When Dave Liskey bought the land for Gap View Ranch & Kennel in 1989, it didn’t have much penny value. But with some work it has gone from collapsed roofs to college students swarming the property playing with Golden Retrievers.
After Liskey, a JMU alumnus (‘84), graduated from college, he got a male Golden Retriever from his college roommate who couldn’t care for the dog after getting a job.
All of the sudden, Liskey had puppies roaming out of his barn. He kept getting females, and in 2000 he “went in full force with the Goldens.”
Liskey’s love for Goldens has continued to grow. He oversaw the building of the business from the ground up, as the kennel has become a staple in the JMU community. Sororities, fraternities and other campus organizations take their members to Gap View as a fun experience, to de-stress and bond with one another.
Becca Pazzanese, a senior interdisciplinary liberal studies major, took her residents to Gap View for a program last fall when she was an RA at Dingledine Hall.
“The owner is really nice and the dogs are well taken care of,” Pazzanese, now a hall director for White Hall, says.
Petting and cuddling the dogs allows them to be properly socialized from a young age.
“I do appreciate that work because I’m one person and we have 41 dogs,” Trish Moore-Custer, the kennel manager, says.
With 30 of the 41 dogs at the kennel being used for breeding, it’s a full-time job. The wait list is vast, so the adopters usually get on the list before the puppies are even born. Adopters can pay their deposit in July and wait until January to pick up their puppy.
The work is especially great when the puppies are being born. While Liskey is the face associated with Gap View, he has people around to help him, like Moore-Custer.
“We have to make sure mom gets them out appropriately, and then we just take over and make sure their airways are cleaned out, which is probably the most fun part and the most disgusting part,” Moore-Custer says.
The workers put the puppies on a small heating pad and wait for their mother to finish nursing them, then match them back up to the mom again. When the mom is done nursing, Gap View workers begin an hourly rotation where they split the litter in half. By doing so, each half of the litter receives equal attention from the mom. They do this for the first two weeks of the puppies’ lives before putting them on puppy chow.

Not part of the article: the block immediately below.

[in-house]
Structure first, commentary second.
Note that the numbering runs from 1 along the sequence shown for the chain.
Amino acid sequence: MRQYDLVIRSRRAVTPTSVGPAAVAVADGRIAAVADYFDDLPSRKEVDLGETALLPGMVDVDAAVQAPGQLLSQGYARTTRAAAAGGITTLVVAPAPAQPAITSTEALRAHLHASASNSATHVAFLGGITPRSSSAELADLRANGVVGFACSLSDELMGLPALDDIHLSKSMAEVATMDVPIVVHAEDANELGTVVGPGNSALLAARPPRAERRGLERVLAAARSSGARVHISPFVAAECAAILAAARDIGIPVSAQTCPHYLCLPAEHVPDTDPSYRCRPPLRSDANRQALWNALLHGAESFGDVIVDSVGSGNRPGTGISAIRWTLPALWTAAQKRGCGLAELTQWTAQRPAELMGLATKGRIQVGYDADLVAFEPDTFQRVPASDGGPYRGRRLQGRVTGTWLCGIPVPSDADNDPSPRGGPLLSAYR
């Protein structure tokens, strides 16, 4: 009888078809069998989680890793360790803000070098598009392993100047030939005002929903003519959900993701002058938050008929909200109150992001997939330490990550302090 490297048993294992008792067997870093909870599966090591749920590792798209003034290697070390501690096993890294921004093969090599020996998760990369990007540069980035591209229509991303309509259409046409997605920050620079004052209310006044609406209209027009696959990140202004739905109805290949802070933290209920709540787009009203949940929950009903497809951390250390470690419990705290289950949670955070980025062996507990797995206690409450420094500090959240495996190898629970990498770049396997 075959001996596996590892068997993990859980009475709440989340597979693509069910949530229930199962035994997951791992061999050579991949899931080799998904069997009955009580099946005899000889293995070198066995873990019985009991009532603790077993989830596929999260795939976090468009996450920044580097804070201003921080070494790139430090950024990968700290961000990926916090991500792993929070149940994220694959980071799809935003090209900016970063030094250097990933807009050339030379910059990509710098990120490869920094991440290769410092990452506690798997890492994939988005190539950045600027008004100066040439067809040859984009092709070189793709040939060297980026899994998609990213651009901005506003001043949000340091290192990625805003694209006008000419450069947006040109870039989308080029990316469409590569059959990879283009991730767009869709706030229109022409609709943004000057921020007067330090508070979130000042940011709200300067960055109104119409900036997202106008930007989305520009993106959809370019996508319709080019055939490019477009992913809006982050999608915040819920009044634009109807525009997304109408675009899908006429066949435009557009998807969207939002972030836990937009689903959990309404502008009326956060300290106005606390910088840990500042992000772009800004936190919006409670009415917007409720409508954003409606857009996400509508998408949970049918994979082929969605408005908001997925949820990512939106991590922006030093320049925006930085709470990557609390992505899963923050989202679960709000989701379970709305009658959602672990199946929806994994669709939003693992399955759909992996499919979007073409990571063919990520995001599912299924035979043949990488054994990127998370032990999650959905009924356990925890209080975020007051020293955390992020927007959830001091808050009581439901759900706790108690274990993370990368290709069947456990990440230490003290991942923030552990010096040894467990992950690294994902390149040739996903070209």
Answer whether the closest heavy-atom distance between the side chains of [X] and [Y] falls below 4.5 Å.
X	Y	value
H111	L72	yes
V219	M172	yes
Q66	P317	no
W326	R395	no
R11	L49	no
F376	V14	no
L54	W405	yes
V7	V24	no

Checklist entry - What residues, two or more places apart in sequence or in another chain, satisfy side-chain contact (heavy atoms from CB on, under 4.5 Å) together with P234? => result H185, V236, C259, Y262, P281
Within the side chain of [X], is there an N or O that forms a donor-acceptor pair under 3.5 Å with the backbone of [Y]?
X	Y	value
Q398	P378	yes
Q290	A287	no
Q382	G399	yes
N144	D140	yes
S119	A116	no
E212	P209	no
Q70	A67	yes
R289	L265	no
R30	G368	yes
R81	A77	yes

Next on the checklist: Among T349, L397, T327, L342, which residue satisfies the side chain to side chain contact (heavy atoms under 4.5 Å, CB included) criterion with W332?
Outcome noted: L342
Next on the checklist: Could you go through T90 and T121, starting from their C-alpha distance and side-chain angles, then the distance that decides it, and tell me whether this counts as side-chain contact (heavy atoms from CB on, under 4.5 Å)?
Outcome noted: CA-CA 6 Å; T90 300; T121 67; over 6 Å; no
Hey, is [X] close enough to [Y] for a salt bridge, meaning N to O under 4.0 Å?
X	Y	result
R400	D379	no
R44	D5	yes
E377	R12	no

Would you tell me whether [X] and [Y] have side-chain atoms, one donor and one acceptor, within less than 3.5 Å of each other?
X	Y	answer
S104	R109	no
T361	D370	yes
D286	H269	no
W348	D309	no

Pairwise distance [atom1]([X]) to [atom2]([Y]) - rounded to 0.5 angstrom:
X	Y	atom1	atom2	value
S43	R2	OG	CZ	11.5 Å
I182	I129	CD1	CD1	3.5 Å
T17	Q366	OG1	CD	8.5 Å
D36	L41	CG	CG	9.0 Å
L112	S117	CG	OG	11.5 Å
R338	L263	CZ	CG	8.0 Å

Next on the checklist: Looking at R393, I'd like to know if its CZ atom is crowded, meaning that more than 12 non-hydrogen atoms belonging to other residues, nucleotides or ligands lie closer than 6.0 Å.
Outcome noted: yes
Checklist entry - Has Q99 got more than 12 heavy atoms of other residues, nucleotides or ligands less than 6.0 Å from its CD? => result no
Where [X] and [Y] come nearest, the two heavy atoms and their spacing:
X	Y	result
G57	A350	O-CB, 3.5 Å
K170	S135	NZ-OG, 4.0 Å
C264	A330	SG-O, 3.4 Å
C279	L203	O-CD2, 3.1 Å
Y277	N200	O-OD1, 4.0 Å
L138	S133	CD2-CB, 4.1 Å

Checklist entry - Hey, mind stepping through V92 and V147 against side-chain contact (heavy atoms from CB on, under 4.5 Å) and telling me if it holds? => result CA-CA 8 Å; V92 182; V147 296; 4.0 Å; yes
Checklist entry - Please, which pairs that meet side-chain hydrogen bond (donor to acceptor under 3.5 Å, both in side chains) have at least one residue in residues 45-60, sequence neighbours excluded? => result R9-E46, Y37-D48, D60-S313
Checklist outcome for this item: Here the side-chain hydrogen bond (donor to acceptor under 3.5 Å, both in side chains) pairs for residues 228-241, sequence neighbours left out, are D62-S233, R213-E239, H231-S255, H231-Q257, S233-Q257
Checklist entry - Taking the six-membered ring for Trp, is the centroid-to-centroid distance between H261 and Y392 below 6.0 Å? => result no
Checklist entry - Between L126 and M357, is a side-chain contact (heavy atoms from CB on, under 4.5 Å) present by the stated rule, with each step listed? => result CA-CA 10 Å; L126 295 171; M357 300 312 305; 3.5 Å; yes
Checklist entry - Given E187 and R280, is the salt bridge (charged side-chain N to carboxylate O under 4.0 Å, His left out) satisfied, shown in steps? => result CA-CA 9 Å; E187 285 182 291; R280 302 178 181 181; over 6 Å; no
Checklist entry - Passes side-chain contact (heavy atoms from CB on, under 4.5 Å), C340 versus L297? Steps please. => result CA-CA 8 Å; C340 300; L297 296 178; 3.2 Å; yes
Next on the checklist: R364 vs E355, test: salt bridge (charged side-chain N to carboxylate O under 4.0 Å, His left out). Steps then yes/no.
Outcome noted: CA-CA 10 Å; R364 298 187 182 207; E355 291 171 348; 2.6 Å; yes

Once the puppies are four weeks old, they move to the fenced area of the kennel so they can socialize with other dogs and visitors. At this age, the puppies also begin to show their personalities.
“Four weeks is usually when they start to develop their own thing,” Moore-Custer says. “You’ll start to see which ones are going to be calm, which ones are going to be more hyper.”
When the dogs find their homes, Liskey wants to make sure their new owners can adequately provide the care and love the dogs need.
“When my adults leave their nest here, they’re going to a better home,” Liskey says. “I will take back every single dog, every puppy, every single animal that I will place in any homes. This is their home and you sign a contract and it will come back to me.”
Liskey receives about 500 Christmas cards a year from previous buyers with pictures of their Golden.
“They’re part of that family and they’re thanking me for the love, through the grace of God that I was able to put this love in their house,” Liskey says.
Liskey says it’s all about chapters. Just as humans have stages in their life, so do Golden Retrievers.
“I don’t sell you a car that you trade in,” Liskey says. “I sell you what I call the next chapter of your life, the next love of your life.”
Photos by Mark Owen